Premier Dalton McGuinty denies it was an abuse of power for his government to secretly approve sweeping new powers for police.
“I just think it’s in keeping with the values and standards of Ontarians,” McGuinty told the Toronto Star on Friday amid a battery of complaints from opposition parties, city councillors, civil libertarians and regular Torontonians that the new rules were kept secret and, some say, may go too far.
The rules allow police to arrest and potentially jail anyone refusing to produce identification or be searched within 5 metres of the G20 security zone.
“Most Ontarians understand that there’s something extraordinary happening inside our province,” the Premier said. “We’ve tried to limit the intrusiveness to a specific secure zone as much as we can by working together with our police.”
However, a city hall source said Toronto Mayor David Miller was blindsided by a front-page Star story about the regulation passed at the request of Toronto police Chief Bill Blair. An unhappy Miller and Blair — normally close allies — later had a brief conversation about it and Miller refused interview requests from the Star.
And nine councillors and mayoral candidates canvassed Friday unanimously said Torontonians should have been told loud and clear their rights had changed. All but one said there was no doubt it was incumbent on Blair to consult, or at least inform, Miller.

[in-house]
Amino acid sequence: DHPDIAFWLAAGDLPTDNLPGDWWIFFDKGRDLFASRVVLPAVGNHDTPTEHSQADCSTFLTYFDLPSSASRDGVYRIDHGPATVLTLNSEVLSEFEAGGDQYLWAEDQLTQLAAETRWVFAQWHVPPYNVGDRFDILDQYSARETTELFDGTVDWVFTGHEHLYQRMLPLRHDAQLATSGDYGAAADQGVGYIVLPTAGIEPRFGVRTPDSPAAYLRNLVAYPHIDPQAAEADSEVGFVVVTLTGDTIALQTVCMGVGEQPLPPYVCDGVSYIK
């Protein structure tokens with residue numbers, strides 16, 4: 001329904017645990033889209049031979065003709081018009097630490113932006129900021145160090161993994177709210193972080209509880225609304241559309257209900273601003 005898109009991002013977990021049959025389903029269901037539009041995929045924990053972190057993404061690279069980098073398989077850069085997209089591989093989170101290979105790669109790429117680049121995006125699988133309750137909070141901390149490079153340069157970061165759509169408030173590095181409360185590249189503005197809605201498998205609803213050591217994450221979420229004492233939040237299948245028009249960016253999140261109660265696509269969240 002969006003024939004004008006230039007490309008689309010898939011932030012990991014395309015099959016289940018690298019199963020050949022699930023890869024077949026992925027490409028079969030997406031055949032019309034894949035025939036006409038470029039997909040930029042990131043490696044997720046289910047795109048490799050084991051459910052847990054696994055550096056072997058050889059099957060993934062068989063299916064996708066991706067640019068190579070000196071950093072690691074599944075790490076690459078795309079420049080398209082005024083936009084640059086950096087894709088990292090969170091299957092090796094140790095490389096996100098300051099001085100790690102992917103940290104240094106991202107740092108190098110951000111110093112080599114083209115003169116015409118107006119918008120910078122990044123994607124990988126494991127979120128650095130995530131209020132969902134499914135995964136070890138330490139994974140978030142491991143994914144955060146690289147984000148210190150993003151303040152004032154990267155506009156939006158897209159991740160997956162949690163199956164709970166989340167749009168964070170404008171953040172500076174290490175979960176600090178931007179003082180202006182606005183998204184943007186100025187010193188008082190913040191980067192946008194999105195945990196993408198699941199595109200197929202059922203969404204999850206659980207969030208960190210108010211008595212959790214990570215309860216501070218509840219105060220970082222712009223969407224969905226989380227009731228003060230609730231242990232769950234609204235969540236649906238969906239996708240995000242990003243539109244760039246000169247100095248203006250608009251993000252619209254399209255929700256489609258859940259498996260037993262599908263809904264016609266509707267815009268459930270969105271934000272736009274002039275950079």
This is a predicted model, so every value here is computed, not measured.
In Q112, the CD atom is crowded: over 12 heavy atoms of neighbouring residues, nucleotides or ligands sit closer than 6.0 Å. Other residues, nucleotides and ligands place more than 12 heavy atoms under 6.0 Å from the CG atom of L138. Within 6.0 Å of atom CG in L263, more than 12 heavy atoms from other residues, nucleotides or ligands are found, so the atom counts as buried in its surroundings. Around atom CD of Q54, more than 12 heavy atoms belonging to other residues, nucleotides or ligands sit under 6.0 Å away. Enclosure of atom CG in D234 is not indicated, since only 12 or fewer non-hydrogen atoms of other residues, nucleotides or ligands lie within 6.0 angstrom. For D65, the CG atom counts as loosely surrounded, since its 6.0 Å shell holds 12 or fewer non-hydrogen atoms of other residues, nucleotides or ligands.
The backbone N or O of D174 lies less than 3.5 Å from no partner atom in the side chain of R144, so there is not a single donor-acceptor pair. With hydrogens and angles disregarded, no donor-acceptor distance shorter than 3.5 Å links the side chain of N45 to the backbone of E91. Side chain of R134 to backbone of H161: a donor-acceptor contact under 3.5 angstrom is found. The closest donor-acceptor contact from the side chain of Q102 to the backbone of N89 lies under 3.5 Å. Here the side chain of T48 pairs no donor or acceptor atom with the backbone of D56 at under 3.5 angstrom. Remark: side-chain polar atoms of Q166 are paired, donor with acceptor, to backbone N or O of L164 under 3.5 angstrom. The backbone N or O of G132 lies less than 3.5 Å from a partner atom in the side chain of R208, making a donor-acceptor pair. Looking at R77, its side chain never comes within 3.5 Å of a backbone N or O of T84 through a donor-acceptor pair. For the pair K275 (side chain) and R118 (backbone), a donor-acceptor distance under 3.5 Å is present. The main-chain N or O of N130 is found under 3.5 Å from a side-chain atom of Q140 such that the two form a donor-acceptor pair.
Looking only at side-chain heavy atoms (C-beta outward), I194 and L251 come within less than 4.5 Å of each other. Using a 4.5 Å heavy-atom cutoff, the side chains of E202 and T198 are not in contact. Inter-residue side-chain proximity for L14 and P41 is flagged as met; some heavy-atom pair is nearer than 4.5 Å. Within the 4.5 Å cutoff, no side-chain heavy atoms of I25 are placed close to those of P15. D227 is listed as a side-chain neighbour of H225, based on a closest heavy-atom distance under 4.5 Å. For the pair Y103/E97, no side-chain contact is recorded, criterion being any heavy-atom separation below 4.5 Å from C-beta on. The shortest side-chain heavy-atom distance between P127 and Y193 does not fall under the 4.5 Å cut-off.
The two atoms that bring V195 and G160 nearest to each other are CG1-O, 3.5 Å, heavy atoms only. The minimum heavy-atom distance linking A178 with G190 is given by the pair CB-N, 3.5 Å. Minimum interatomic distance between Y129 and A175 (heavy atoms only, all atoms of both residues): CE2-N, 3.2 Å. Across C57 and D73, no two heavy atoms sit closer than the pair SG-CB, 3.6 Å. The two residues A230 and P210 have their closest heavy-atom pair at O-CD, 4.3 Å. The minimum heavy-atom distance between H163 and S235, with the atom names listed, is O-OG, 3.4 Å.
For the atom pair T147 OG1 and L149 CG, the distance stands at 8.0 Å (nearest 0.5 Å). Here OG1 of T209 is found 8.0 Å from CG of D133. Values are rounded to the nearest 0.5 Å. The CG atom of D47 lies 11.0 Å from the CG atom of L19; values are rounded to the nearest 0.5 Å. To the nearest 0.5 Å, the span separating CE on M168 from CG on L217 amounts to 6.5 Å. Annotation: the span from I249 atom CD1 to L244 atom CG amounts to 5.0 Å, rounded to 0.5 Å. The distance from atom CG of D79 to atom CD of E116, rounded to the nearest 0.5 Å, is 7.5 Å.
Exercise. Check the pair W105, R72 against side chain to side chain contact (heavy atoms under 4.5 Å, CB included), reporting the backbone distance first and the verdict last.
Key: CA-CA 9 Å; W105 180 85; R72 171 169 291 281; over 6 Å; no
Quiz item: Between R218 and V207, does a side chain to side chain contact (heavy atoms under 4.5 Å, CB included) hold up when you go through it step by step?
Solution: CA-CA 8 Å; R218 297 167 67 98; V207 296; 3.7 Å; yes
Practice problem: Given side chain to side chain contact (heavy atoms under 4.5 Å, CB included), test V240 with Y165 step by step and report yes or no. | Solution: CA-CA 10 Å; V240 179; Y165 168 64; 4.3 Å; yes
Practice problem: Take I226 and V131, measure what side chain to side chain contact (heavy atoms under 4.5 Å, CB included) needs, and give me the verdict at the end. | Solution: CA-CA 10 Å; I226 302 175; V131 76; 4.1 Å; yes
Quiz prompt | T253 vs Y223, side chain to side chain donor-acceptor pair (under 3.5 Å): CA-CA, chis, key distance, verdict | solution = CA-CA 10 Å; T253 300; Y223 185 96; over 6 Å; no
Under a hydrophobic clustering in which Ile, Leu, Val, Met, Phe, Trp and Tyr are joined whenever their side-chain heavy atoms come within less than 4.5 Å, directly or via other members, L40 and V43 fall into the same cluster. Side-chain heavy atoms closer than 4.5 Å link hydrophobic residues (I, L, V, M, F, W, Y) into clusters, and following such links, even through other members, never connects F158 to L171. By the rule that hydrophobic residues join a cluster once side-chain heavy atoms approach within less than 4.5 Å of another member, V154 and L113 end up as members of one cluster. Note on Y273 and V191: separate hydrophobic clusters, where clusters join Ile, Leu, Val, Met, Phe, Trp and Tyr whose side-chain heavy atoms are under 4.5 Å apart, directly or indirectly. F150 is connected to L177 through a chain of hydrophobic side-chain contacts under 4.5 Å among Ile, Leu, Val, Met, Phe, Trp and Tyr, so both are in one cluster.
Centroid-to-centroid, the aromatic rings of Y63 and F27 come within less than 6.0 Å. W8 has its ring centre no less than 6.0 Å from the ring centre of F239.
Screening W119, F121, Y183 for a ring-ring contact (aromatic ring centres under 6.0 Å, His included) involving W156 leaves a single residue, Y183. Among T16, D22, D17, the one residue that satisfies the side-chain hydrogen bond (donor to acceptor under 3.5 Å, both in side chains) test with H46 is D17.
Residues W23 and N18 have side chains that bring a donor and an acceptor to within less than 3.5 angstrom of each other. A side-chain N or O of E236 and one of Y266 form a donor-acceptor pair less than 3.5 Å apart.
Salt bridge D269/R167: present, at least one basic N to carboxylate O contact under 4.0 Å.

“These are police state regulations — we fought wars to protect freedoms like these,” thundered Councillor Howard Moscoe.
“Yes, (Blair) should have made the change public. Not everyone carries ID and they have a right to know if they’re breaking the law by going near a fence.”
At Queen’s Park, NDP justice critic and lawyer Peter Kormos said: “This law was not only passed in secret, it was kept secret.
“This is the stuff Kafka wrote novels about. Secret laws that the citizenry is not aware of are the hallmarks of tin pot dictatorships.”
The measure, carrying a penalty of up to two months in jail or a $500 fine upon conviction, was revealed after a 31-year-old York University master’s student refused to show identification near the fence and was arrested based on a regulation few knew existed. He was held for five hours in a pen at a temporary holding centre on Eastern Ave.
Seeking to calm the uproar, Blair held a news conference Friday morning defending his request. And he insisted posting the change on a government website was enough notice to the public and protesters.